5G is the new standard of mobile broadband that is going to change live sports as we know it. Everything about how we interact with our phones will change with it, but live sports will see an incredible shift in the form of immersive VR.
For the past year, we’ve focused a lot on how VR is used as a means to broadcast sports. This year’s Olympics gave us a taste of what is possible with live streaming and rewind functionality for users attending the venue. Faster network speeds made it possible to view the game at angles never before captured.
That’s the promise Verizon and Ericsson are making with their 5G deployment. Focusing on providing the viewer and the player with the crispest and immersive experience possible, 5G will change everything about the game of football. From the equipment players wear on the field to the way we study and view the game, football is getting a beastly overhaul with 5G.
5G and Football
There are existing tech demos out there of throwing and catching a ball in real time, but it’s very different to do it in a stadium full of people. We’re not there yet, but Ericsson’s demo shows how 5G will rapidly relay signals across different terminals near the stadium. Players wear a visor and get true 1:1 vision with minimal lag. They can throw and catch a football with ease, run drills, and plays, and it all feels very natural.
But there’s a hidden benefit that could influence sports leagues as well: real-time statistics. STRIVR captures data off the field, so players can run through a simulation and learn how to react under certain conditions without overextending the body.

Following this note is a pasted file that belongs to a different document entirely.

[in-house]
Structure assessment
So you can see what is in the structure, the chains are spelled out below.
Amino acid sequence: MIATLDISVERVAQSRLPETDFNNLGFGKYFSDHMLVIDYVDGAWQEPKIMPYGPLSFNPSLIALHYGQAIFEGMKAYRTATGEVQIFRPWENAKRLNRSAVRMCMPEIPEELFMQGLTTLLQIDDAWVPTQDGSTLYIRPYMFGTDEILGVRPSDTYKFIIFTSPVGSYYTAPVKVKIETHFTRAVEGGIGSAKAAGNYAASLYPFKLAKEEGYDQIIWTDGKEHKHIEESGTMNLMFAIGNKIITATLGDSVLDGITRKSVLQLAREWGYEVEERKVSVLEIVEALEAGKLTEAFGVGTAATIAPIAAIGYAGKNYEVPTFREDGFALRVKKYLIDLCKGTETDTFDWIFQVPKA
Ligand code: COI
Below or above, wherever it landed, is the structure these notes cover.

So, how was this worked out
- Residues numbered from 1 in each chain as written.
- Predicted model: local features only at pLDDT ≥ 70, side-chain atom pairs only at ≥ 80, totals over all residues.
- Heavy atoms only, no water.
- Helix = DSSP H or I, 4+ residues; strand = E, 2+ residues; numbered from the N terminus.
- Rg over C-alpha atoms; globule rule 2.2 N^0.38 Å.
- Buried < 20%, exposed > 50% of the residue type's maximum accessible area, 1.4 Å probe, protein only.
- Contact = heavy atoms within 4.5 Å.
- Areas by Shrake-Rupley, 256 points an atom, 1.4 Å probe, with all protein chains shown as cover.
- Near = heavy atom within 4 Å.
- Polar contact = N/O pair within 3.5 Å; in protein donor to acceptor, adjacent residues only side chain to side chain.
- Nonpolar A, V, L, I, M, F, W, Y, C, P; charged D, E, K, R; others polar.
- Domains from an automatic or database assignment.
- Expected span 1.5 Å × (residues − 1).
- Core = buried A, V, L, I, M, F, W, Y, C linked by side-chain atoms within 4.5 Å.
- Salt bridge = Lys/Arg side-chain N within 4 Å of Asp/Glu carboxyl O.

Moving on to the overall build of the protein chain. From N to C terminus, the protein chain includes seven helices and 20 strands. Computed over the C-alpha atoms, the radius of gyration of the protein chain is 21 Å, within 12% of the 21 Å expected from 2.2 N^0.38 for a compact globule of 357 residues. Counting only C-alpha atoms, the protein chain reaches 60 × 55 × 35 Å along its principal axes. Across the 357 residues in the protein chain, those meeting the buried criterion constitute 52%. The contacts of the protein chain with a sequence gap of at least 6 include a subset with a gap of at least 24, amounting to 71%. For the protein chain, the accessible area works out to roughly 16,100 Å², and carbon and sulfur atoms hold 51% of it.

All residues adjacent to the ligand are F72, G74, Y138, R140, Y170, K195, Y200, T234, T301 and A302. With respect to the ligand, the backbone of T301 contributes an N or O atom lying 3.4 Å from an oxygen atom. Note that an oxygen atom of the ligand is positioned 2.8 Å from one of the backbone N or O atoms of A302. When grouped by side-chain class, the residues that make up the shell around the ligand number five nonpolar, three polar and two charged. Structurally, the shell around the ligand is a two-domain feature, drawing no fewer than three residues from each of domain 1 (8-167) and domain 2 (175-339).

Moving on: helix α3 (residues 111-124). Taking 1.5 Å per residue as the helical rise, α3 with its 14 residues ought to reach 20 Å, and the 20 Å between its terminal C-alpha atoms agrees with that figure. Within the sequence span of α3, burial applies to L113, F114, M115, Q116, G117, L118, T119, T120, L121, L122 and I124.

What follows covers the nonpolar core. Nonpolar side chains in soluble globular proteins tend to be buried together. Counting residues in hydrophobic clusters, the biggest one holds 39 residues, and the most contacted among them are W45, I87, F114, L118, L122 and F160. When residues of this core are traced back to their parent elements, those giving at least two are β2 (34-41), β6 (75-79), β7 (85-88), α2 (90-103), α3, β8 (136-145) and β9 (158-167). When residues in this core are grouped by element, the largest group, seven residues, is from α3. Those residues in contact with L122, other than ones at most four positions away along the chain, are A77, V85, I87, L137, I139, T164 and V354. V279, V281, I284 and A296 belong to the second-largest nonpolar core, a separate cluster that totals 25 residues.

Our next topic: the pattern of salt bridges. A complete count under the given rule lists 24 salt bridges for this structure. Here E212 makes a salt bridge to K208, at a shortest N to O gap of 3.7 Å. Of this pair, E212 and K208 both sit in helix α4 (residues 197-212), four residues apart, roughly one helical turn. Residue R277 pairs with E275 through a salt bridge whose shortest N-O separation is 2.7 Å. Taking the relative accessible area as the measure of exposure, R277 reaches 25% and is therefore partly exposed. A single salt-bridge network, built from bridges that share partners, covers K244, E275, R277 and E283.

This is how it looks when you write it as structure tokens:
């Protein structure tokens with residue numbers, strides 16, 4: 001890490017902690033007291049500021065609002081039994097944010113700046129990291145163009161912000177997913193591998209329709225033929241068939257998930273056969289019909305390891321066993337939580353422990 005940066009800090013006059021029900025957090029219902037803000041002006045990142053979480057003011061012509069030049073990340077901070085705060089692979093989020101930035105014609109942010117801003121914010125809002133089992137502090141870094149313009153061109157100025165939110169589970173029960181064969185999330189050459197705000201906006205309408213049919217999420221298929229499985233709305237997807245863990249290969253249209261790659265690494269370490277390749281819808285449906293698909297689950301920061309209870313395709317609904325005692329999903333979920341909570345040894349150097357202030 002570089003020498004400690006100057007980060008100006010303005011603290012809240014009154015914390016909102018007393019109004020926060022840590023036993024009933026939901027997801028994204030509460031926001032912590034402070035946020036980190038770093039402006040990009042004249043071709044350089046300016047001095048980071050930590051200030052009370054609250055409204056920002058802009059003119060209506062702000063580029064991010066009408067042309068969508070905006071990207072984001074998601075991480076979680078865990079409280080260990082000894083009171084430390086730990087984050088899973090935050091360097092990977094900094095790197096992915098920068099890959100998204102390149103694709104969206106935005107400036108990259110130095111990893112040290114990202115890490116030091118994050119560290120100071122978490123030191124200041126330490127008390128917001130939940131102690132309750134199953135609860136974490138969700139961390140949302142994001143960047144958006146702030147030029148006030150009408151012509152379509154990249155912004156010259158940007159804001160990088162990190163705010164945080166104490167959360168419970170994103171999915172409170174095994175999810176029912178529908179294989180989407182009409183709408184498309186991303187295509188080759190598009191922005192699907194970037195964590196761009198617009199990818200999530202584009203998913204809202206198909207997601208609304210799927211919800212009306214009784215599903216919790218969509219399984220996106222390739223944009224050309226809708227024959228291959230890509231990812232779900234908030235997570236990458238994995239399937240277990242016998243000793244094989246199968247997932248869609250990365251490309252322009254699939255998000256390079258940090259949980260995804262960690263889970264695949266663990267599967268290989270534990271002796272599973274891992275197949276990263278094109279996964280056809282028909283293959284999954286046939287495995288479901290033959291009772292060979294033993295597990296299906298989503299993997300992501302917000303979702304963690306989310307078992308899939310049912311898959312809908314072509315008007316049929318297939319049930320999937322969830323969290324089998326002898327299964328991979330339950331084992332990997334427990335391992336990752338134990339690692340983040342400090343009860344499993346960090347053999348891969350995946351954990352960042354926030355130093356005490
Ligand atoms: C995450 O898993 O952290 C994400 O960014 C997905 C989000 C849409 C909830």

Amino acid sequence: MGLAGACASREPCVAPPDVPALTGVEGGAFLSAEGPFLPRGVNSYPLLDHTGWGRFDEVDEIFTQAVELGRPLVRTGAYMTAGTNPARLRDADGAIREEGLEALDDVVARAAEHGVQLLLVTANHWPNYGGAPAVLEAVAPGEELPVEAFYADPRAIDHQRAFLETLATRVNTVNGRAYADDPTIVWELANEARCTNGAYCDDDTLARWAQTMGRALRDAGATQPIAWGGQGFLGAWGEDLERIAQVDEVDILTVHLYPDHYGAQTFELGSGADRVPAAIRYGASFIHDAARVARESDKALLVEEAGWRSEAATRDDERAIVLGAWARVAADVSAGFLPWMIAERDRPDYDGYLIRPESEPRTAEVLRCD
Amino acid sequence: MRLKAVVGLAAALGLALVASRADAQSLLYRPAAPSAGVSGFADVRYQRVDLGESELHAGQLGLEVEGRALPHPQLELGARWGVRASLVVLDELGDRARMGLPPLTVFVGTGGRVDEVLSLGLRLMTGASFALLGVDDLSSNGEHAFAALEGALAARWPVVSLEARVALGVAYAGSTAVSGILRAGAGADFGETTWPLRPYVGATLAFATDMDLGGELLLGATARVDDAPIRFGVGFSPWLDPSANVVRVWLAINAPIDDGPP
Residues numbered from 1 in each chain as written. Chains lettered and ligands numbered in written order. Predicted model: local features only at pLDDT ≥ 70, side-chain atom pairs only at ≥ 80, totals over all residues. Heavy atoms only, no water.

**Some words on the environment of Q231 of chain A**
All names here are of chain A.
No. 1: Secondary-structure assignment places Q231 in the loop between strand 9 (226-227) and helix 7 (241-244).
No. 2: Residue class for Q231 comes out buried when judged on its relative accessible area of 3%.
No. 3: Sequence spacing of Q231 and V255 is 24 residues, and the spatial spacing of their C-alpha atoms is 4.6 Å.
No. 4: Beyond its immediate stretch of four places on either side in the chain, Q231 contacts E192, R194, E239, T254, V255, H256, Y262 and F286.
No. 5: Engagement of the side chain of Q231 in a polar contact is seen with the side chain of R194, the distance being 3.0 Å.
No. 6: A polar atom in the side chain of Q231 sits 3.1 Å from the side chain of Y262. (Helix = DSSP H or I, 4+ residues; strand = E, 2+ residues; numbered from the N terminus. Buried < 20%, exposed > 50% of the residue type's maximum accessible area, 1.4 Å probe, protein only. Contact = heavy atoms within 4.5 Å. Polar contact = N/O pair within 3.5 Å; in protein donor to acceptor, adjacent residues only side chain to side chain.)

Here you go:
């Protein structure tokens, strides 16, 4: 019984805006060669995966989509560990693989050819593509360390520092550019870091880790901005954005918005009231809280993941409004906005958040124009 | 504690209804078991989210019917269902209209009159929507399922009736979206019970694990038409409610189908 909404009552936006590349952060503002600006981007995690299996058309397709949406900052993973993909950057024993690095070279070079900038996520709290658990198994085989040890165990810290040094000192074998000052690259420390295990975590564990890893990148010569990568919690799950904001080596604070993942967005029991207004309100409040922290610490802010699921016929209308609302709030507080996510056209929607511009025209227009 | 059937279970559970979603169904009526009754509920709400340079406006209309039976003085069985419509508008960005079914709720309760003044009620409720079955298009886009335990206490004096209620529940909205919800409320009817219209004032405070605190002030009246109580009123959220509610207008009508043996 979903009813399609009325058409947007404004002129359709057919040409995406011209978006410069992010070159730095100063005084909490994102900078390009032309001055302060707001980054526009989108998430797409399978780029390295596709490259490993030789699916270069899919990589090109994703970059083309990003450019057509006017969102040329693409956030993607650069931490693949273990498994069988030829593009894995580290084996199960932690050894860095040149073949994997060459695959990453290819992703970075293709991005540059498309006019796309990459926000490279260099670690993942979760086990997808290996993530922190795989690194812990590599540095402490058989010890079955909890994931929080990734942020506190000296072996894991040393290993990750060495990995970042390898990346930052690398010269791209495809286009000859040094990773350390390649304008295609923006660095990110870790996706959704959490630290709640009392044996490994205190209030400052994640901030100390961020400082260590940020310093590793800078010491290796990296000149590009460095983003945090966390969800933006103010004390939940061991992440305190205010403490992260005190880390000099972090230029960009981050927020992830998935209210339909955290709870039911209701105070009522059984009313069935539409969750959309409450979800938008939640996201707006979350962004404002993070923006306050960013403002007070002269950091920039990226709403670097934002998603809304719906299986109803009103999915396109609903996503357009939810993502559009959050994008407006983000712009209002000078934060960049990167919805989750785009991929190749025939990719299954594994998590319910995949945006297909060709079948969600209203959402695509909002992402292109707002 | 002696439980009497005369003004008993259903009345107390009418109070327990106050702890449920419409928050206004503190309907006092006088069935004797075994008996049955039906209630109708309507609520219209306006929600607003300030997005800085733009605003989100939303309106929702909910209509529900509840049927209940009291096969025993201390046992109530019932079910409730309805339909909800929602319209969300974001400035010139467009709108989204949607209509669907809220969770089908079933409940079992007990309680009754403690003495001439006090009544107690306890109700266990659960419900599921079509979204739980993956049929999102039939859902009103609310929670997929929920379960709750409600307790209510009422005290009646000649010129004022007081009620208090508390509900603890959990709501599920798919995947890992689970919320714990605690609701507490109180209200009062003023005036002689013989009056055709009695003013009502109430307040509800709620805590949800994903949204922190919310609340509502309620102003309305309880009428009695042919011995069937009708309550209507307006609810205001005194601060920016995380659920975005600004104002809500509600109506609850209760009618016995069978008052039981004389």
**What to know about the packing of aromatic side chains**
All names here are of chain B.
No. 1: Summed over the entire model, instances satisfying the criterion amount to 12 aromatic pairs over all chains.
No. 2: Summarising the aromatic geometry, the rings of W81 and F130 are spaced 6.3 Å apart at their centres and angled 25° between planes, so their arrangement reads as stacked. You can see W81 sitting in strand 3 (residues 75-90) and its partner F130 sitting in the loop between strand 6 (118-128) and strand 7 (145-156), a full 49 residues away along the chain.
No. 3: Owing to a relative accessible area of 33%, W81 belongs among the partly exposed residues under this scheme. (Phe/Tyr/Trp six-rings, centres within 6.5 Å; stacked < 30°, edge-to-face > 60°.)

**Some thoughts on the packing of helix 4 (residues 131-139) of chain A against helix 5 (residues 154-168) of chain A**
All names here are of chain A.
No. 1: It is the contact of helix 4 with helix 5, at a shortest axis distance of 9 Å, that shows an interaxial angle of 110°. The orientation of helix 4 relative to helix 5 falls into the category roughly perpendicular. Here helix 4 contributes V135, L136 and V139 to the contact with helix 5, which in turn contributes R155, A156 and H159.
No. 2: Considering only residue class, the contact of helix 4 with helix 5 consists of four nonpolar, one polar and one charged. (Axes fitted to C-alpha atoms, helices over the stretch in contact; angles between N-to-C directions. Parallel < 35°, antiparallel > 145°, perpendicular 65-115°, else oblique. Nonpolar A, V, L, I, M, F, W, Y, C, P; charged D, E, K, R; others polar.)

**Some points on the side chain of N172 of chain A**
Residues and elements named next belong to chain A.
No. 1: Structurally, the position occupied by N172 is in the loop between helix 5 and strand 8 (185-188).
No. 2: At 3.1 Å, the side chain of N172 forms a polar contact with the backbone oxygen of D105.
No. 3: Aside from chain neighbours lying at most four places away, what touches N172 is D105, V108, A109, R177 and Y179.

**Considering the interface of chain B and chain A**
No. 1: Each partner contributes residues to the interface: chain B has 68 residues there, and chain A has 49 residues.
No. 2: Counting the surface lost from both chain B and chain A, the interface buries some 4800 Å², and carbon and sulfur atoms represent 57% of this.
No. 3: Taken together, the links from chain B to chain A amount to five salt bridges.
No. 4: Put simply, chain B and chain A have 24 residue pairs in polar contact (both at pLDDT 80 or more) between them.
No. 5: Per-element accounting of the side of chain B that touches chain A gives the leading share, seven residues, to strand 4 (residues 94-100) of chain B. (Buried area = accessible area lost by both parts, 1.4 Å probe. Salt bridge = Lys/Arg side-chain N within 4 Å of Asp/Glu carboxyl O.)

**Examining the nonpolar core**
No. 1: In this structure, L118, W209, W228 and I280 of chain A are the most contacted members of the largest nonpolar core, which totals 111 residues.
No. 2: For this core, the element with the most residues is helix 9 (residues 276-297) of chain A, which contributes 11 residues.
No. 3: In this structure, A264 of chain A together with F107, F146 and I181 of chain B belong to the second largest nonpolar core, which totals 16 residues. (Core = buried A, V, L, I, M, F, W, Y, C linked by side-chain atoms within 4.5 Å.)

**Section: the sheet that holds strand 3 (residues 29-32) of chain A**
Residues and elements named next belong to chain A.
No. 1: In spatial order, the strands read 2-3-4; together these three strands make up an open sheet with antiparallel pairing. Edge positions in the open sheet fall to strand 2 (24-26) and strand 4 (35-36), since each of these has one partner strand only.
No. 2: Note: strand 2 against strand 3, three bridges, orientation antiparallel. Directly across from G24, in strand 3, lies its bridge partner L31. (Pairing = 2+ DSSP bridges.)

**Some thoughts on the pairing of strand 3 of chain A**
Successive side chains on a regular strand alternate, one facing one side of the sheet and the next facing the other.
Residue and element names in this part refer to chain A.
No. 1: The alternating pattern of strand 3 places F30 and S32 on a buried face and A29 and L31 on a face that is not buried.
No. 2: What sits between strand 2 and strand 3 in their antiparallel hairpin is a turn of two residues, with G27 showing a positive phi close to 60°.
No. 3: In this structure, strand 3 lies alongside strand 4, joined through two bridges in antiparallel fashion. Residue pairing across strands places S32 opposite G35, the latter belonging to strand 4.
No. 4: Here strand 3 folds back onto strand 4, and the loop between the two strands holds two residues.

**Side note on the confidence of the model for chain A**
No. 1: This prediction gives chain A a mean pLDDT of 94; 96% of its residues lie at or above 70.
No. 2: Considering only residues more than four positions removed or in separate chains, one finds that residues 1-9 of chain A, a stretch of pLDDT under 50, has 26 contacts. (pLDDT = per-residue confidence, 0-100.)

With 5G, a player could run the same drill he ran in VR on the field. The additional analytics of the real-life performance would better inform the back office how well simulations are functioning and where there is still room for improvement.
It’s not likely we’ll see these headsets on the field anytime soon, but anything is possible. The implications for broadcast are extensive. Will players wear goggles or 360 cameras? It’s hard to say. The rules of the game will need to change to accommodate this new technology.
In essence, 5G has potential to completely disrupt sports.
One overlooked aspect of this new technology is how broadcasters will need to shift their behavior. NextVR already offers broadcasters that are watching the game in VR and can cue viewers into where to look next. As 5G allows for greater camera angles, broadcasters will have to adapt to what the viewer may be looking at.
Shifting the camera on an automated platform or controlled by the broadcaster is also not the ideal usage of VR. Sure, it helps build the narrative, but users want to explore the game. For VR to truly thrive in 5G, broadcasters will need to take an educational approach to their work.
The upshot of this is that viewers will be better informed about sports because they’ll have access to deeper analytics and stat collection as wearables become a part of gameplay.
5G is in its infancy and it’s difficult to guess where VR technology will go from here. Will visors ever become an accepted part of major league play in any sports league? If they’re built with safety in mind, maybe. The extra equipment would definitely affect athletes, and in turn, fundamentally change the game. Could fans and players find more immersive experiences through the limited deployment of this technology? Absolutely.
Athletes in extreme sports have also been obsessing with the idea of putting the viewer in their shoes for quite some time. GoPro and its ilk built an entire market on providing first-hand experiences that are recorded in super high definition. Adding the ability to stream, rewind and alter viewing angles in real time are the next logical step.
Speaking of extreme sports, I’d like to close with this footage of an Indianapolis racer driving with blacked out windows. Harrowing stuff!